Commissioner Wheeler noted that the term "public meeting" means that the public can attend, but ANC 4B and other bodies can establish their own rules for public participation.
Commissioner Green and ANC 5C12 Commissioner Gigi Ransom said they are concerned that quasi-judicial panels, including the Alcoholic Beverage Control Board and the Zoning Commission, could close meetings during their deliberative sessions.
Council Member Bowser said she would work to amend the bill to resolve the Commission's concerns. Existing ANC notice requirements are already extensive, so the DC Register requirement could be eliminated, she said. She also said she would look at changes to protect Commissioners from nuisance lawsuits and fines, but was not sure what language was appropriate.
She agreed that the bill's provisions permitting closed meetings for quasi-judicial panels are too broad and should be narrowed to sessions where proprietary information is discussed.
Commissioner Smith said she supported opening ANC planning meetings. Commissioner Jones said ANC 4B's planning meetings are now open to the public. Council Member Bowser said the meetings are not open unless they are advertised in the same manner as other Commission meetings.
3. In a 5-0-0 show-of-hands vote following a resolution made by Commissioner Green that included several friendly amendments, the Commission adopted a resolution with recommendations to the Office of the Mayor with respect to proposed regulations for the sale and cultivation of medical marijuana.
The adopted resolution:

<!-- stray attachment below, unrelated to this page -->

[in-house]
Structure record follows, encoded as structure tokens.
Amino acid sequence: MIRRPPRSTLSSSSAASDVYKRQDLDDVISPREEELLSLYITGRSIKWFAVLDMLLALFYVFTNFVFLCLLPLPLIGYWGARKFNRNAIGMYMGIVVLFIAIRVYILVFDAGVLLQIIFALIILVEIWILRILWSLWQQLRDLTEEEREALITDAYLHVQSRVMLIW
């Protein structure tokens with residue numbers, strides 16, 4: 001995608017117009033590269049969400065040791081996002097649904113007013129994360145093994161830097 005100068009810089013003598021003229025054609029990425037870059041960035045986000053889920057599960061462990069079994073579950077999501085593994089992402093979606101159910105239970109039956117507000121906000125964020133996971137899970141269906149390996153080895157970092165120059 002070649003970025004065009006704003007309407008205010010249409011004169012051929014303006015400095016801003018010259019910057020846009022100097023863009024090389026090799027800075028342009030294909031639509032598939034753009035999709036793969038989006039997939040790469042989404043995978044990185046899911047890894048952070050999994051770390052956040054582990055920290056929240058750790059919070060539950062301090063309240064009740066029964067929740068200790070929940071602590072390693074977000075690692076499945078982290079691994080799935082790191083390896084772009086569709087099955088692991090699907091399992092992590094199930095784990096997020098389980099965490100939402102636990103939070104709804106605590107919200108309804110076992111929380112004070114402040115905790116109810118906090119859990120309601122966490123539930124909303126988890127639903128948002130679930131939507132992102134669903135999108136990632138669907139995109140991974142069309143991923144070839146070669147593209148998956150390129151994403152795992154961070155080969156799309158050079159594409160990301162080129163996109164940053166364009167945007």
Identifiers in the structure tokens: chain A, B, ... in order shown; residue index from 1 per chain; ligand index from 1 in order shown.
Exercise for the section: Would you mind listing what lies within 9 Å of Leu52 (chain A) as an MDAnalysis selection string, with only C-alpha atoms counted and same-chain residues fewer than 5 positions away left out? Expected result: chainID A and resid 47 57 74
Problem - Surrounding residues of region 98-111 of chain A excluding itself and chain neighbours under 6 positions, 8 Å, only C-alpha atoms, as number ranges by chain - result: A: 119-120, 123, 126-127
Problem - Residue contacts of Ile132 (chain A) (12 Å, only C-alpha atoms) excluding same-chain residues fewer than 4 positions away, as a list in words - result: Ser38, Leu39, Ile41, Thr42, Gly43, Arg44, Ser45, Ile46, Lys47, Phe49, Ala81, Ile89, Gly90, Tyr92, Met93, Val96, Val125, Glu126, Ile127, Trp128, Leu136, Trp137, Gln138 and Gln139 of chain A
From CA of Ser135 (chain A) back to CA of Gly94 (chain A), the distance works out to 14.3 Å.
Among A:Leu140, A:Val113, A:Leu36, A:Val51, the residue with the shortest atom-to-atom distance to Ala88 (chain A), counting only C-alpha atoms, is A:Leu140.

Title 22 of the DCMR, which would provide detailed regulations for medical marijuana cultivation centers and dispensaries. We believe that these regulations will protect the public from the abuses experienced in other states while providing patients in need with medical marijuana.
We propose that these regulations be amended to give the D.C. Department of Health (DOH) the sole responsibility for enforcing all of these regulations for the following reasons:
* Medical marijuana is a new industry in our city and dividing responsibilities between two agencies increases the potential for error. Medical marijuana is a drug. DOH currently regulates and supervises pharmacists and pharmacies where drugs with the potential for abuse are sold. DOH has staff with the appropriate professional backgrounds.
* Medical marijuana is a drug to be used by sick people, not a recreational drug like alcohol. Therefore, putting the agency that regulates the sale of alcohol in charge of medical marijuana sends the wrong message to the public.
* Medical marijuana is a new and controversial D.C. program that needs the full confidence of the community, particularly in the location of dispensaries and cultivation centers. Communities need to know that ANCs will have genuine "great weight," as the law promises, with respect to those licenses and their location.
Additionally, we recommend that ANCs have veto power, rather than "great weight," over the licensing of a cultivation center or a dispensary within their Commission boundaries.
The selection of medical marijuana dispensaries and cultivation centers should be based on merit, and not on "first come, first served."
We recommend that the retail component of this law be revisited to put the dispensing of medical marijuana in a medical facility.
We also endorse the provisions that initial licenses for both cultivation centers and dispensaries be issued for only one year, with annual renewal required, which will give communities and regulators an opportunity to correct problems quickly and evaluate performance. License renewals should be predicated on correcting the cited problems, if any.